HL Deb 06 July 1927 vol 68 cc184-220

LORD MONTAGU OF BEAULIEU rose to call attention to the recent cutting of old and ornamental timber in the New Forest contrary to the provisions of the New Forest Act of 1877, and to ask His Majesty's Government whether orders can be issued to treat the New Forest henceforth as a national park dedicated to the enjoyment of the public, and whether its management in future could be undertaken by the Office of Works instead of by the Forestry Commission, who are chiefly concerned with the planting and cutting of timber for commercial purposes, and are not primarily interested in preserving the beauty or amenities of forest areas; and to move for Papers.

The noble Lord said: My Lords, before I go into detail in regard to the Motion which I have put down I would like to make a few preliminary remarks. First of all, I hope in this debate to say nothing which will prejudice the chances of a friendly settlement of the outstanding questions which are at present under discussion between the Forestry Commission and the New Forest Advisory Committee and the Verderers. Secondly, I think it would be only right for me to say that the noble Lord who, I understand, is replying on behalf of the Forestry Commission has always been most courteous in his consideration of this question and, though his official position may render it difficult for him to say as much as I should like him to do on some of the points that I am going to put forward, I feel certain that he is aware of the strong feeling that exists and will do his best as far as he can to persuade the Commission to consider that feeling. I would also like to say that I do not propose to discuss in general the policy of the Forestry Commission. It is the duty of that Commission, as your Lordships know, to plant trees, to cut them and generally to promote the interests of forestry, but the Forestry Commission has mainly to look at the matter from a commercial point of view.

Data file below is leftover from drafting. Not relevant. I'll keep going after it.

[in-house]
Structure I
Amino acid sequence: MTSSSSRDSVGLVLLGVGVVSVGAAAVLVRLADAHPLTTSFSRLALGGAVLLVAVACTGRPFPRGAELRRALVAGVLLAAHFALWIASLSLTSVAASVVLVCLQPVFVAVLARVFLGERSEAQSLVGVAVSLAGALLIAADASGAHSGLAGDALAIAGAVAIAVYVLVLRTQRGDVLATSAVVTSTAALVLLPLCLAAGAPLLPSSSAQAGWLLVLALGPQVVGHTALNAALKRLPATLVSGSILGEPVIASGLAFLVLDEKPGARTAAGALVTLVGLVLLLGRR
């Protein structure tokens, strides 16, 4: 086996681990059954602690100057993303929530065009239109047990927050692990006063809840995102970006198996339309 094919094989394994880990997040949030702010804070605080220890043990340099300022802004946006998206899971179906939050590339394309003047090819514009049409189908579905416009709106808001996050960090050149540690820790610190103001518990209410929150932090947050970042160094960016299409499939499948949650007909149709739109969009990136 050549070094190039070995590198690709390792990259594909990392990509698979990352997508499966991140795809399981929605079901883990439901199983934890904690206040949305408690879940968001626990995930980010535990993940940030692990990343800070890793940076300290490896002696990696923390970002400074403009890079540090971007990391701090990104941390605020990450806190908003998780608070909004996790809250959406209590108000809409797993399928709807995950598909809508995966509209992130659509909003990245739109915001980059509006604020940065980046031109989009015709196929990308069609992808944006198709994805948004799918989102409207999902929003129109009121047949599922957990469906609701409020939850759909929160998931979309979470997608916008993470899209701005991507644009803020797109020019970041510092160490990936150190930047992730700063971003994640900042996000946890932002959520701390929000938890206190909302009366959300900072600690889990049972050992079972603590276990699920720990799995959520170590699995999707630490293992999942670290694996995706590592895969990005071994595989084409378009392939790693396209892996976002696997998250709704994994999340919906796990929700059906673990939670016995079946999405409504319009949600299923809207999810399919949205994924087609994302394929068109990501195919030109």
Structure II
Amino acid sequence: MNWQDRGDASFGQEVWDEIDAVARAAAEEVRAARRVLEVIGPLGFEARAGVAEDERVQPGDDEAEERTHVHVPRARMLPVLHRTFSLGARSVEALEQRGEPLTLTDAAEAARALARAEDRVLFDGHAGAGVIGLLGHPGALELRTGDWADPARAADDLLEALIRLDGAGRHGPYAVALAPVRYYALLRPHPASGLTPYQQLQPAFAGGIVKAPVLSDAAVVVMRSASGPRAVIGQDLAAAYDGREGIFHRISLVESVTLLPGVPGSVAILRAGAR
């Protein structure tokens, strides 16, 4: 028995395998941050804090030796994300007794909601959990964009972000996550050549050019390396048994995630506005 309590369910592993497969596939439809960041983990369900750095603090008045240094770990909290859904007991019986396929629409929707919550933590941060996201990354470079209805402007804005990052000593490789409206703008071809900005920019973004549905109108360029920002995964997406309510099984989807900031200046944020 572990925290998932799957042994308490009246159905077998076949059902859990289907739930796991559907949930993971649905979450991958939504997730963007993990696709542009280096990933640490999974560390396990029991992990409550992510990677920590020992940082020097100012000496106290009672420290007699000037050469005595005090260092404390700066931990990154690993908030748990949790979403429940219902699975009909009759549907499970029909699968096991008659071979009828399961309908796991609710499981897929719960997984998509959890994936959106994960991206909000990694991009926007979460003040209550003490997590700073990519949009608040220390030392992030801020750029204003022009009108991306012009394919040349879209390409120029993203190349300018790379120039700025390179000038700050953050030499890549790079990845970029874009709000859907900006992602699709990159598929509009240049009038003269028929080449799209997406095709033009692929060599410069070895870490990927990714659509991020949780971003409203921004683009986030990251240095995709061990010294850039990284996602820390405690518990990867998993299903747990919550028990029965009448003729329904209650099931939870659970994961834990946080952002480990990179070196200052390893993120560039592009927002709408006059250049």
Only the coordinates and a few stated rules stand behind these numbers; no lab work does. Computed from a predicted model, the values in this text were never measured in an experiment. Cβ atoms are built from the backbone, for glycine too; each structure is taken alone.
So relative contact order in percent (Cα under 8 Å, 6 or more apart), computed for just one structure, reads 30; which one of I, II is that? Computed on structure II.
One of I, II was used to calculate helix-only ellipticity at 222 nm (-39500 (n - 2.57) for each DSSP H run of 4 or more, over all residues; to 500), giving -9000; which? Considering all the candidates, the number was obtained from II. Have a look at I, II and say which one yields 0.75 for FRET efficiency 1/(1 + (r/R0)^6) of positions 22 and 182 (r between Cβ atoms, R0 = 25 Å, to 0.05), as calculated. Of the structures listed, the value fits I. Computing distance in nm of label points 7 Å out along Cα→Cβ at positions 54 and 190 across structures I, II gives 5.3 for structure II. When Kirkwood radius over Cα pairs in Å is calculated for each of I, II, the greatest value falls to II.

The Commission is not primarily interested in any question of beauty. By its very constitution it has not to consider even the interests of the public; it is a body which has to make as much money as can be made by cutting the trees and by planting so as to provide for the needs of posterity in case a shortage of timber should arise. Whether that shortage will ever occur to the extent that some foresters think is a matter of opinion. I shall not go deeply into that question to-day. Our real quarrel with the Forestry Commission is that it is almost impossible for it, so far as we can see, to detach itself from the commercial consideration of this kind of question. I know the noble Lord has said on previous occasions, and I believe Lord Lovat has also said, that regard is being paid to the amenities of the New Forest and its beauties, but, so far, we have seen direct evidence to the contrary. It has been said that this question of the New Forest is purely a local question. That I am prepared to deny in, tote. It is true that we who live in the locality naturally have taken up this matter more keenly than it has been taken up in other places, but the New Forest is a national possession. In addition to that, there are unborn generations coming after us who, if the policy that is at present in force is carried on, will not, in our opinion at any rate, enjoy the beauties of the Forest in the way they would have done had the trees now being cut been preserved.